If commercial banks were forbidden to affiliate with other entities (such as an investment bank or a broker-dealer), and subjected to the type of "procyclical" regulation that I discussed at the outset of this entry ("procyclical" refers to the boom phase of the business cycle), the danger of a financial crisis engulfing the commercial banking sector would be substantially reduced. It would not be eliminated. Banking is inherently risky, as I have emphasized, and the risks frequently are correlated. If a nationwide housing bubble bursts and mortgages are a significant component of the asset portfolios of most banks, then most banks will experience an impairment of their capital, but the Fed should be able to prevent their collapse by pumping cash into them. In fact, the primary victims of the banking collapse last September were not commercial banks (though banks were victims, as I'll explain the second part of this two-part entry), let alone commercial banks unaffiliated with other types of financial institution, but were instead investment banks, broker-dealers, money-market funds, and the financial products division of a large insurance company (AIG).

Money-market funds are mutual funds, regulated by the SEC, that provide checkable accounts that usually pay higher interest than deposit accounts in commercial banks. They generate the interest that they pay their account holders by investing in commercial paper and other short-term securities. After a run on money-market funds began last fall following the collapse of Lehman Brothers, in whose commercial paper some of the funds were heavily invested, the federal government provided temporary insurance of the accounts. Money-market funds, like thrifts (mortgage banks), are so similar to commercial banks that all three types of financial institution should perhaps be regulated on the same principles, emphasizing safety and therefore separation from other types of financial institution. I am mindful, though. of the awkwardness of placing money-market funds under the systemic-risk-regulating authority of the Fed when those funds are regulated by the SEC rather than by a banking agency.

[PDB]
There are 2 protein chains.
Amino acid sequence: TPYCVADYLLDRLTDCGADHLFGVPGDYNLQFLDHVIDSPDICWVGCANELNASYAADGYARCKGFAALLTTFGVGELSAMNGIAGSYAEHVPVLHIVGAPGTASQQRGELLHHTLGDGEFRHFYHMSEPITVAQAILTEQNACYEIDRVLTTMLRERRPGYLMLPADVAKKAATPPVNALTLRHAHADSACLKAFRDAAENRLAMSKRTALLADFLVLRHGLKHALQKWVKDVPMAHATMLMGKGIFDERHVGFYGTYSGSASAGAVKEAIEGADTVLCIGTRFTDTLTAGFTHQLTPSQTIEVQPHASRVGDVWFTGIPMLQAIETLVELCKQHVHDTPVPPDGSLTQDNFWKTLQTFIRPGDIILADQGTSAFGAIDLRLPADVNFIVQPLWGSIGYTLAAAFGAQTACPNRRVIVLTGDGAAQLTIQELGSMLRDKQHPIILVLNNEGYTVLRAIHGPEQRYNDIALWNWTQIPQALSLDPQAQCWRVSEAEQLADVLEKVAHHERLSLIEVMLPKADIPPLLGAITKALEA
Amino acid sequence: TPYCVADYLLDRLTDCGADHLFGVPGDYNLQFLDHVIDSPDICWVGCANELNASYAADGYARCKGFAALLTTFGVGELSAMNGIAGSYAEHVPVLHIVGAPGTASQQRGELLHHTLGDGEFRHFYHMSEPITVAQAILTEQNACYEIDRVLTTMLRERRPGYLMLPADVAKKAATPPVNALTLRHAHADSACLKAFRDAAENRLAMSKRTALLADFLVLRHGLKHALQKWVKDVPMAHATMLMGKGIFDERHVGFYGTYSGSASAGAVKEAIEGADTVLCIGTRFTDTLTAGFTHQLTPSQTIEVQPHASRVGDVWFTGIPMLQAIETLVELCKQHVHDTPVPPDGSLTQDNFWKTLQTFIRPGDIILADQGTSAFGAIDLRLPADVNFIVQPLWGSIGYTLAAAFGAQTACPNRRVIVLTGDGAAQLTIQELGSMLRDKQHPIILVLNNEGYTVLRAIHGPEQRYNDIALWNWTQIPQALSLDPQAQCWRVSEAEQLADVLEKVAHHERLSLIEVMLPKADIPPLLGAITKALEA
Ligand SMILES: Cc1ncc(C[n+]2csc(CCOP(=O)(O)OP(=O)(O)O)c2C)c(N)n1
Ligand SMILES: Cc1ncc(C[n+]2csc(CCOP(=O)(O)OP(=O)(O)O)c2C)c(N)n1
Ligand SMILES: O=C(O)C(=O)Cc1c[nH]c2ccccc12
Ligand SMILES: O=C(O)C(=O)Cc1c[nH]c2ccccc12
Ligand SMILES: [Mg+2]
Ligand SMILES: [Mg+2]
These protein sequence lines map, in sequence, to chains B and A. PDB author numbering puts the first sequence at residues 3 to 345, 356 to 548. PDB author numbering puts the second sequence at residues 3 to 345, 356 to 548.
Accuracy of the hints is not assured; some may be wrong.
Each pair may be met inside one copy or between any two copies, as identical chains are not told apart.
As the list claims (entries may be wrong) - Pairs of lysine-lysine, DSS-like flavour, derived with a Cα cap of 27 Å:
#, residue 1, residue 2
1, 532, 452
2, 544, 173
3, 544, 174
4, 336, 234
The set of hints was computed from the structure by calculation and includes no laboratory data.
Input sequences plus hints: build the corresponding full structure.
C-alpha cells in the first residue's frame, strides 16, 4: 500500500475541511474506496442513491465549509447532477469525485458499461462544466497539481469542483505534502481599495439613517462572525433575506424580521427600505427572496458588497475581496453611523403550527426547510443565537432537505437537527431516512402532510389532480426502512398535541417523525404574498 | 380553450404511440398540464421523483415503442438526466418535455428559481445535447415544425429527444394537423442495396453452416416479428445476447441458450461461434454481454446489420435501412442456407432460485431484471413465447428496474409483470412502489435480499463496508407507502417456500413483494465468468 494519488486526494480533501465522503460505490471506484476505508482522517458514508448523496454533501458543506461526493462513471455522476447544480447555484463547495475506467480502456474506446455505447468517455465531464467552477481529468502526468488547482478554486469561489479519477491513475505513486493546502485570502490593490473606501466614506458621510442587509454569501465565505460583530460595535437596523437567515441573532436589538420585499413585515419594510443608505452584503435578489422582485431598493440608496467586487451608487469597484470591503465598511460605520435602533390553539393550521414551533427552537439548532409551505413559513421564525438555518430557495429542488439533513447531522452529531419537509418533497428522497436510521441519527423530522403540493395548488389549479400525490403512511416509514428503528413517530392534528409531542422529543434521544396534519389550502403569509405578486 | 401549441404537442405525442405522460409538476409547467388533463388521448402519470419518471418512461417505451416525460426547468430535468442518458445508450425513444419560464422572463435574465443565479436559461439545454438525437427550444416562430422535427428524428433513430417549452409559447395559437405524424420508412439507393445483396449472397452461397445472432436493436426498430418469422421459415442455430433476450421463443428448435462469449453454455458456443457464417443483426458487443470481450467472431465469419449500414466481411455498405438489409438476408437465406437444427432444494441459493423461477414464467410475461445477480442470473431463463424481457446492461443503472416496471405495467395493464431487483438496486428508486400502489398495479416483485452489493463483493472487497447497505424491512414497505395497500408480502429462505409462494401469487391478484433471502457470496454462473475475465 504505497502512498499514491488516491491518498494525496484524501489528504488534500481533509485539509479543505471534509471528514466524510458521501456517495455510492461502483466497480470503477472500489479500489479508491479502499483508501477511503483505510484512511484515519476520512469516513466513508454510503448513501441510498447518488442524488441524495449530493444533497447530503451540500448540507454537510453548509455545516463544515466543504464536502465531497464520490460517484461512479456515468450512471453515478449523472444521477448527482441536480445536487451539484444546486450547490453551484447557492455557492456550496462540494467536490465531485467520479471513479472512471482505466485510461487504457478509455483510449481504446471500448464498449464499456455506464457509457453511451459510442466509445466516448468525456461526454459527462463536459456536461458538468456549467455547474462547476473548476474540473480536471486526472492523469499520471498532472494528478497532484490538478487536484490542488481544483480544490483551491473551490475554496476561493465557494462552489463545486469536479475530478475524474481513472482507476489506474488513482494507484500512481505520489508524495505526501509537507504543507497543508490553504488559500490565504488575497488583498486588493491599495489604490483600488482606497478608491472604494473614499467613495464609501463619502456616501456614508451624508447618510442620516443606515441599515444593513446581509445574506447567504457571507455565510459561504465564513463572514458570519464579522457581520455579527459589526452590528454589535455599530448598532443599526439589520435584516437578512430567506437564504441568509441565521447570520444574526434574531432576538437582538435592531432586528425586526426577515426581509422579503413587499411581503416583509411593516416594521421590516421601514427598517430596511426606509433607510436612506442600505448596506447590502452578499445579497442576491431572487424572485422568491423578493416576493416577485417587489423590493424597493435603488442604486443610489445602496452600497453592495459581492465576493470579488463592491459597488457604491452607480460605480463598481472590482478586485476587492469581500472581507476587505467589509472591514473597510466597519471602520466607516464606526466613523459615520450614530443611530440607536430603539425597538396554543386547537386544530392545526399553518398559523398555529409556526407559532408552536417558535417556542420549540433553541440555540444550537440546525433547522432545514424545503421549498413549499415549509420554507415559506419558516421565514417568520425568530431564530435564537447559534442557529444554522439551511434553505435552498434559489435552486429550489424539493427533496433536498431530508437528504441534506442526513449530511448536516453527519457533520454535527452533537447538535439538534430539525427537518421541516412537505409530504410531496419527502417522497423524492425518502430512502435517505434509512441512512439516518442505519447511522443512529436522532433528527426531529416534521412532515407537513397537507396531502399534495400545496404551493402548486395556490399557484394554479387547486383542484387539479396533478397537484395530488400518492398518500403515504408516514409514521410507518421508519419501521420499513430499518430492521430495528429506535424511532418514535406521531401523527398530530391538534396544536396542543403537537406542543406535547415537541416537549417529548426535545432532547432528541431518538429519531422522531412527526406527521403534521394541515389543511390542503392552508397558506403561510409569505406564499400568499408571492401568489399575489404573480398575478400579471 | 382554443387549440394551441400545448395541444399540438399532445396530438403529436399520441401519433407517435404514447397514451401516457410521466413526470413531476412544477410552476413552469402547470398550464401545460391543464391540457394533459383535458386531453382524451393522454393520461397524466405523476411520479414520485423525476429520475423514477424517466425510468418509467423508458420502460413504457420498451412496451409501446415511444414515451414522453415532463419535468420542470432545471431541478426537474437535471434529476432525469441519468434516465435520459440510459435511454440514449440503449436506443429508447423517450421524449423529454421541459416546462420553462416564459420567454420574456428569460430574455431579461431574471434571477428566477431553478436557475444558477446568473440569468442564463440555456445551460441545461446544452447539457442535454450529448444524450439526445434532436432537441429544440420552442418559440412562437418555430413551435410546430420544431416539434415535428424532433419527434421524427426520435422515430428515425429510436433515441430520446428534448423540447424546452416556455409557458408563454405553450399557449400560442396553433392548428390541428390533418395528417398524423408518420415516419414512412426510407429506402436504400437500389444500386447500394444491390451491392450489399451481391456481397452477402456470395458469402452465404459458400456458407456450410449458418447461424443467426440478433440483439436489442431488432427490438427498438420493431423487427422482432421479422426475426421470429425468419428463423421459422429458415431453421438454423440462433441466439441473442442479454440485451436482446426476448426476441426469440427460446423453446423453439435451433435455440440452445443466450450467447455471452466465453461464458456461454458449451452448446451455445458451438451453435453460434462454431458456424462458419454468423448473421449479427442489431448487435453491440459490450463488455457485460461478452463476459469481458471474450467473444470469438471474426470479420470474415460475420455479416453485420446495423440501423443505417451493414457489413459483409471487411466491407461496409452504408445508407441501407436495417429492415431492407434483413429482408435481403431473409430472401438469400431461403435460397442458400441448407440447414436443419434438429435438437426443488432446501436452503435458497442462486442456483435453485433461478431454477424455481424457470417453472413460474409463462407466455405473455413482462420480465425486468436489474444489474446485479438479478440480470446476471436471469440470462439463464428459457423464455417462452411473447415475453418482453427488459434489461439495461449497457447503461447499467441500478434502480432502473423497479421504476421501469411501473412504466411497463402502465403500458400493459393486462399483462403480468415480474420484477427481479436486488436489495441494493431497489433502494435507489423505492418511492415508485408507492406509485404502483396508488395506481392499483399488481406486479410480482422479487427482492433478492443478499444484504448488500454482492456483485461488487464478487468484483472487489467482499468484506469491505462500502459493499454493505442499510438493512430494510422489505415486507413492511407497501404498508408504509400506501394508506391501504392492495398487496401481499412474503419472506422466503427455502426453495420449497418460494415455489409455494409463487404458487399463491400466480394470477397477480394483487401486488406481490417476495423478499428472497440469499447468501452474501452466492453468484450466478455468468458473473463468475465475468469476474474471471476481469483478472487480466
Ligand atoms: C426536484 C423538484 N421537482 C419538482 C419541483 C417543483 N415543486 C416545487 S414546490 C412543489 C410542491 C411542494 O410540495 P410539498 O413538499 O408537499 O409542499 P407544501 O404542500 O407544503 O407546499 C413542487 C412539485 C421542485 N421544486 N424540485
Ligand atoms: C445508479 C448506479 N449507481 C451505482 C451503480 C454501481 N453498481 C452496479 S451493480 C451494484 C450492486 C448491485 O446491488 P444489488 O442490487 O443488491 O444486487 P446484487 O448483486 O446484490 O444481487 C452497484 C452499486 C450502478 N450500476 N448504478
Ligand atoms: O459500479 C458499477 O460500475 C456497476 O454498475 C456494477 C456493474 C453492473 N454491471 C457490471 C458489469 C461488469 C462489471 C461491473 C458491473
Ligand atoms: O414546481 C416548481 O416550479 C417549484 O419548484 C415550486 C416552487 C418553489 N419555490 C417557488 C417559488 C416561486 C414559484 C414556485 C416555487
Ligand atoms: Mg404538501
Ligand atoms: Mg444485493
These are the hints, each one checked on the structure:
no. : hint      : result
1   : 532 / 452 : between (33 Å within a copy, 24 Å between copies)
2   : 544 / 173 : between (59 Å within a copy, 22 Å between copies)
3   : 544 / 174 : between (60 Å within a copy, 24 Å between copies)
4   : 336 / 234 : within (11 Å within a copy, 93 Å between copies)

I do not mean to endorse the three forms of "radical" or far-reaching financial regulatory reform that I have described. I mean only to suggest that they have enough potential merit to warrant further consideration.


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Richard A. Posner

Richard Posner is an author and federal appeals court judge. He has written more than 2500 published judicial opinions and continues to teach at the University of Chicago Law School. More

Richard A. Posner worked for several years in Washington during the Kennedy and Johnson Administrations. He worked for Justice William J. Brennan, Jr, the Solicitor General of the U.S., Thurgood Marshall, and as general counsel of President Johnson's Task Force on Communications Policy. Posner entered law teaching in 1968 at Stanford and became professor of law at the University of Chicago Law School in 1969. He was appointed Judge of the U.S. Court of Appeals for the Seventh Circuit in 1981 and served as Chief Judge from 1993 to 2000. He has written more than 2500 published judicial opinions and continues to teach at the University of Chicago Law School. His academic work has covered a broad range, with particular emphasis on the application of economics to law. His most recent books are How Judges Think (2008), Law and Literature (3d ed. 2009), A Failure of Capitalism: The Crisis of '08 and the Descent into Depression (2009). He has received the Thomas C. Schelling Award for scholarly contributions that have had an impact on public policy from the John F. Kennedy School of Government at Harvard University, and the Henry J. Friendly Medal from the American Law Institute.